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By Shawn Raymundo

Gov. Gavin Newsom deployed members of the California National Guard on Friday, March 20, to help get food to the state’s isolated and most vulnerable citizens of the novel coronavirus pandemic.

The move, the governor’s office explained, is meant to provide short-term food security as food banks across the state have seen a shortage of volunteers while experiencing additional needs amid the global health crisis.

“Food banks provide a critical lifeline for families, and are needed now more than ever,” Newsom said in a news release. “Families across our state are suddenly losing work, and millions of Californians most vulnerable to COVID-19 are staying home to protect their health and the health of others.”

California Guard personnel and equipment were deployed to a food bank distribution warehouse in Sacramento on Friday, according to the governor’s office. Guard members were also expected to conduct site assessments of the counties that have requested support and stabilization.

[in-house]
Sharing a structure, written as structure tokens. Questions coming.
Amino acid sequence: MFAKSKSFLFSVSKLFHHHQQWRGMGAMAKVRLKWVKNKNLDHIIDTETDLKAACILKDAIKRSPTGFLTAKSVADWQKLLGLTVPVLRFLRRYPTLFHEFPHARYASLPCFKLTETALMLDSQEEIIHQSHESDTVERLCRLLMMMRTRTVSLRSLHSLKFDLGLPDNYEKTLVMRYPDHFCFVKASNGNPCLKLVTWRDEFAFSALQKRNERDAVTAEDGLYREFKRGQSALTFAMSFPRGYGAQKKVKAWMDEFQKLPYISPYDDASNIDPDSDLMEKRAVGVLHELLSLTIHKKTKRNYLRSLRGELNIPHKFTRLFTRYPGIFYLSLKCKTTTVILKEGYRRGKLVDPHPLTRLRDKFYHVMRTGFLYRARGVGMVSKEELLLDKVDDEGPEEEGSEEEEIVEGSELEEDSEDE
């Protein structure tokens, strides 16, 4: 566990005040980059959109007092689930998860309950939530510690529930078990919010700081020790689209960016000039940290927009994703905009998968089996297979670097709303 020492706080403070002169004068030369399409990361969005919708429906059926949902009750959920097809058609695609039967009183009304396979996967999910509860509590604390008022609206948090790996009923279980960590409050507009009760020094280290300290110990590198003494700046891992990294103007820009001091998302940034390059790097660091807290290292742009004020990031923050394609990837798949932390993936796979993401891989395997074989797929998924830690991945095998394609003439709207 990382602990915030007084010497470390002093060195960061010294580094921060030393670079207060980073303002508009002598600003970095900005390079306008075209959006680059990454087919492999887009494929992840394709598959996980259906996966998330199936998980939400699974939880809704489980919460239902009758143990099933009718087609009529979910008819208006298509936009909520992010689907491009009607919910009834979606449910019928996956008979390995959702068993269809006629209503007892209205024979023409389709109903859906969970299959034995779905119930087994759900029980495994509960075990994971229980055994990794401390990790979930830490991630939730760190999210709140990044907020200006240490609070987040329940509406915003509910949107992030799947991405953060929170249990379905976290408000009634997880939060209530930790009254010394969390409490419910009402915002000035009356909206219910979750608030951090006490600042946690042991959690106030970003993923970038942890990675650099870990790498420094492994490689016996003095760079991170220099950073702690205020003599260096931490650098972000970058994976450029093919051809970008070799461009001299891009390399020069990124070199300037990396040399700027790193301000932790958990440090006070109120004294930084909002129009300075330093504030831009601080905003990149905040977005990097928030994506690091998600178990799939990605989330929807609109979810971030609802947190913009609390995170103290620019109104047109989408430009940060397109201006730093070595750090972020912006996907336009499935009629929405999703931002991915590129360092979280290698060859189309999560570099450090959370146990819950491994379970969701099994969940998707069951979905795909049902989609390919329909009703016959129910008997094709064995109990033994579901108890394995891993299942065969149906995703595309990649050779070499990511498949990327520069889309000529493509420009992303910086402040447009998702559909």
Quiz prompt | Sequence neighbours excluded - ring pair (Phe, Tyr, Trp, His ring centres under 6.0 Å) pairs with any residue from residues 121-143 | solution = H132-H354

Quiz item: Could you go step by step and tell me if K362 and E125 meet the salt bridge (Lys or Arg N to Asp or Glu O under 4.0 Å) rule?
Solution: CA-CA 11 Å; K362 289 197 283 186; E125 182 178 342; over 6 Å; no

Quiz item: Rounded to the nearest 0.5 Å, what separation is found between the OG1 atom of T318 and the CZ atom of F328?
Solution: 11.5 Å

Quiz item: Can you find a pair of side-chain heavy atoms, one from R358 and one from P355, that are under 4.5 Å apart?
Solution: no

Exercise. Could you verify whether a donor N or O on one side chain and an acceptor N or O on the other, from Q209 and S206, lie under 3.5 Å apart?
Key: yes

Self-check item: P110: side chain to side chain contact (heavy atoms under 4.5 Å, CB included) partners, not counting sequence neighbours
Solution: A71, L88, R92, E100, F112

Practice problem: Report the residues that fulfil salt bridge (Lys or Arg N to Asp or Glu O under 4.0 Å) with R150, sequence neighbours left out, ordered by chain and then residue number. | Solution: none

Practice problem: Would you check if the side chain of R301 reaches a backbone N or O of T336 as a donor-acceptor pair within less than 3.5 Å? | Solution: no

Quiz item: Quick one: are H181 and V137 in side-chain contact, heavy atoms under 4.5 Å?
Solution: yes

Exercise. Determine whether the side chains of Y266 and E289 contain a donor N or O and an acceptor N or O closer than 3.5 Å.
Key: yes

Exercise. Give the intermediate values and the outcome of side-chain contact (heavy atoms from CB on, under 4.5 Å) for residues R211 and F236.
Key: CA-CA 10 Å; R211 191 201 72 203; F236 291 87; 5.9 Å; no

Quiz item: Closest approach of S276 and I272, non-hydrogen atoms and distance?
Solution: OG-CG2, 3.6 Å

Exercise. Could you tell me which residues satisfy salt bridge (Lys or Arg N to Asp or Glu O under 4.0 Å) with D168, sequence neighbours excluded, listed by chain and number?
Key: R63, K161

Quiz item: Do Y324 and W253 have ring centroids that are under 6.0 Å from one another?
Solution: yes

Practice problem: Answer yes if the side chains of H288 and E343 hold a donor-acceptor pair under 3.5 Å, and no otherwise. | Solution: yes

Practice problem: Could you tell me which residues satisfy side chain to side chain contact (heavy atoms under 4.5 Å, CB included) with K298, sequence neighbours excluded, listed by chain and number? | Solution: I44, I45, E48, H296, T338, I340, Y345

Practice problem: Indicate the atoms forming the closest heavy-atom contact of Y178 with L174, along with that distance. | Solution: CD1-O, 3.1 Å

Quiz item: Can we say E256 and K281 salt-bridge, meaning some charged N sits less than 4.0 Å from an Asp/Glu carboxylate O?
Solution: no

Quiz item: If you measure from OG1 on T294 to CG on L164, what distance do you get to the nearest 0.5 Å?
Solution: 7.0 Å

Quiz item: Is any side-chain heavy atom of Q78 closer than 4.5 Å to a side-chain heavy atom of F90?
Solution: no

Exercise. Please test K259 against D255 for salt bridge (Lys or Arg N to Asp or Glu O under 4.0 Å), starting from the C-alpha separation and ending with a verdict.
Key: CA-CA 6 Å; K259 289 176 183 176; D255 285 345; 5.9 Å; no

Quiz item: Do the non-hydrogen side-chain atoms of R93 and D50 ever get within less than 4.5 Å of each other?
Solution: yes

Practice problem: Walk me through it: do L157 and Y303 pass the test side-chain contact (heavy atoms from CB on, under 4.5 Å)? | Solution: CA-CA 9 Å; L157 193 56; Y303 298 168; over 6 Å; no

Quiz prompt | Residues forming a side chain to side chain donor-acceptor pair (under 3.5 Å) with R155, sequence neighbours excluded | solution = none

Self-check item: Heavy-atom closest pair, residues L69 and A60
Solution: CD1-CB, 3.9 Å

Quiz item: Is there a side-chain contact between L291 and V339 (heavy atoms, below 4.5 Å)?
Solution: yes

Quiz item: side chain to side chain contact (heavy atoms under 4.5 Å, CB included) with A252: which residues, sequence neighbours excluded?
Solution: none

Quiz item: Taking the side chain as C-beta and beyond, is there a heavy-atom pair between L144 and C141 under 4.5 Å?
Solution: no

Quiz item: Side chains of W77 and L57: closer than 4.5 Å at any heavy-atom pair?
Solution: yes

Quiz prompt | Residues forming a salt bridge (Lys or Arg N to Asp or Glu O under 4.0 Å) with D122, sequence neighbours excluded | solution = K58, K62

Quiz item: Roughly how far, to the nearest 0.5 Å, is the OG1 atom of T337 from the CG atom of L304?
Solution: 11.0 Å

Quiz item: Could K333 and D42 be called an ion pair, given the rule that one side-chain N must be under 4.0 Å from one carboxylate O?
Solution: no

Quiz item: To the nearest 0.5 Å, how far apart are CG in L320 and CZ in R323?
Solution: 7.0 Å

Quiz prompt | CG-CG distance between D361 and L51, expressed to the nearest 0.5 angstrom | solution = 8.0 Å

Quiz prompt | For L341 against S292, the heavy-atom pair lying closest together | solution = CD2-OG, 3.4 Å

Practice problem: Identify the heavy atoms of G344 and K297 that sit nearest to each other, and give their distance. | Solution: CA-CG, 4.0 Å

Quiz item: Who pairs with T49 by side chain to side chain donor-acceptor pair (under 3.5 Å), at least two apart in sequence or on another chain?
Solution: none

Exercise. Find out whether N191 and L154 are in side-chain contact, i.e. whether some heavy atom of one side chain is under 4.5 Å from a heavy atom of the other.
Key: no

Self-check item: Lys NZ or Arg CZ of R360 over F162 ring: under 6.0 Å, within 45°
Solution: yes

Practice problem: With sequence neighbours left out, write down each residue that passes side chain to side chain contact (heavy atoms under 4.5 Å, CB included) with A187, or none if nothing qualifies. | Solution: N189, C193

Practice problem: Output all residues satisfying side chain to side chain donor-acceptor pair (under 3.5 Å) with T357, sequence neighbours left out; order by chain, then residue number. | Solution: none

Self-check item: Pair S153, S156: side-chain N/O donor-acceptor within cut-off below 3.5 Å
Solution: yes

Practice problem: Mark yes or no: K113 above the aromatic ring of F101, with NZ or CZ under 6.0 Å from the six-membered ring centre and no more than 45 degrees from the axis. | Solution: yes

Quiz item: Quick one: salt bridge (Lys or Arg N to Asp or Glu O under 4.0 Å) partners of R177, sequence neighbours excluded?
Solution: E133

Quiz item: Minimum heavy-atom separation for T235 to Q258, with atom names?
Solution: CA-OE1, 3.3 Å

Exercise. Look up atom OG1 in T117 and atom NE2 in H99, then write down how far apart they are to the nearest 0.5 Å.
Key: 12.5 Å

“This short-term assistance from the California National Guard allows time to mobilize AmeriCorps, California Conservation Corps and Local Conservation Corps members, and other volunteers where counties have identified serious gaps,” the governor’s office said in its release.

In addition to deploying the National Guard, Newsom’s administration also launched the Neighbor-to-Neighbor campaign—an initiative that “calls on neighbors to be first line of support for California’s most vulnerable residents.”

The campaign, which the California Volunteers state office will head up in coordination with the social networking site, will focus on getting food to the elderly who have been advised to stay home during the pandemic.

“The Neighbor-to-Neighbor campaign is a testament to the strength of our larger California community,” First Partner Jennifer Siebel Newsom said in the release. “Now more than ever we must create a culture of WE over me.”

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